SEP 24, 2016 7:14 AM PDT

When to Pop a Blister and When to Leave it Alone

WRITTEN BY: Xuan Pham

If you've ever walked a distance in uncomfortable, too-tight shoes that pinched your feet, you've likely come away with some painful souvenirs in the form of blisters. But as tempting as it is to pop these fluid-filled bubbles, scientists say this may cause more harm than good.

Blisters form when skin surfaces have been rubbed repeatedly. The friction irritates the epidermis and causes the skin layers to separate. This split allows fluid to fill the cavity, leaving the telltale squishy and painful bump.

Most of the time, stopping the friction and leaving the blister well alone is the best remedy. Popping the blister could provide an open access to germs and other microbes into the body, which could easily lead to infection. Only in cases when the friction can't be paused do experts say to pop the blister. But while you can do this at home, the key to minimize infection is to keep the site sterile and the opening as small as possible. Watch the video to learn more!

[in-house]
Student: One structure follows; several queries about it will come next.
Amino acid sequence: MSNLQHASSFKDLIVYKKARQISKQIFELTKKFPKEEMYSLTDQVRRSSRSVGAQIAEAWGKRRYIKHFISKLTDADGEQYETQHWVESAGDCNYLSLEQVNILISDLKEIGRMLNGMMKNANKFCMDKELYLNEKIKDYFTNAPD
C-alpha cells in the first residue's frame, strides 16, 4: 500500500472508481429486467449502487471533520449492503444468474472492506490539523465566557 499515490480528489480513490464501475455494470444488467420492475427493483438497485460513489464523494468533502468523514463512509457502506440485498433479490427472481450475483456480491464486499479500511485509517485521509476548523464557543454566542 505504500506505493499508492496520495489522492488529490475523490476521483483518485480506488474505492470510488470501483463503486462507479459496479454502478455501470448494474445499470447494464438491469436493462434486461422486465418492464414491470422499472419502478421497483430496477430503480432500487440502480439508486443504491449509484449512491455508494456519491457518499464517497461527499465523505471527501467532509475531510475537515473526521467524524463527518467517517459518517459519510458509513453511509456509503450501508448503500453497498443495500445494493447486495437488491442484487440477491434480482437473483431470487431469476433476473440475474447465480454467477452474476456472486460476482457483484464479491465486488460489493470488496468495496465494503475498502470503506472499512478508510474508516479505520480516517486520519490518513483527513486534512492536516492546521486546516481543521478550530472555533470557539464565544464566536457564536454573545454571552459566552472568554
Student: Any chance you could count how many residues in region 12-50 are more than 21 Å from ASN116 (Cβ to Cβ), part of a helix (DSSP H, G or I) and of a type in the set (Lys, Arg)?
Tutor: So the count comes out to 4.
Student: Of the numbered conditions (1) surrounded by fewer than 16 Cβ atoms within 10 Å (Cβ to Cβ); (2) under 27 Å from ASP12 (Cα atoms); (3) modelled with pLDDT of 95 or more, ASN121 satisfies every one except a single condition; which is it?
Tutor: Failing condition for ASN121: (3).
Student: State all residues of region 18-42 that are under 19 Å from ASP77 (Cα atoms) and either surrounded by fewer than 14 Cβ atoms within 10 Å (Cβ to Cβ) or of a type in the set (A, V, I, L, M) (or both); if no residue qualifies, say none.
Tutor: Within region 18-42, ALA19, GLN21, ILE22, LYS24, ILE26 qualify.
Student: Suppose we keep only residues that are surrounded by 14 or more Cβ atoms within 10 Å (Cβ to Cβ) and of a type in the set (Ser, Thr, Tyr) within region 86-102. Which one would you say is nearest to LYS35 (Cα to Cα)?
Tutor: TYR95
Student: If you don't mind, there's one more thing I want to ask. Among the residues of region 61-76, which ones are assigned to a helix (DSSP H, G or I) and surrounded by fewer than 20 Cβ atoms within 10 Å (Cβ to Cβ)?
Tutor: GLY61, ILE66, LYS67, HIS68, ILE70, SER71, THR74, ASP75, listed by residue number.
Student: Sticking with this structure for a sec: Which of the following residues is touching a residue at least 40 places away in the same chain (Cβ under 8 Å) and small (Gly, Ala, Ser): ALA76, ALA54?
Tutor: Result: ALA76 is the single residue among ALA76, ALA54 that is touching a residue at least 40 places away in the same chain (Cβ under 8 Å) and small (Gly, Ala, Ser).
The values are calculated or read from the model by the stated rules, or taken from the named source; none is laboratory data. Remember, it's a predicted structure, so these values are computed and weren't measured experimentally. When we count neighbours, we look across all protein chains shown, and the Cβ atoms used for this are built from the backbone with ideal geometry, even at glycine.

About the Author
I am a human geneticist, passionate about telling stories to make science more engaging and approachable. Find more of my writing at the Hopkins BioMedical Odyssey blog and at TheGeneTwist.com.
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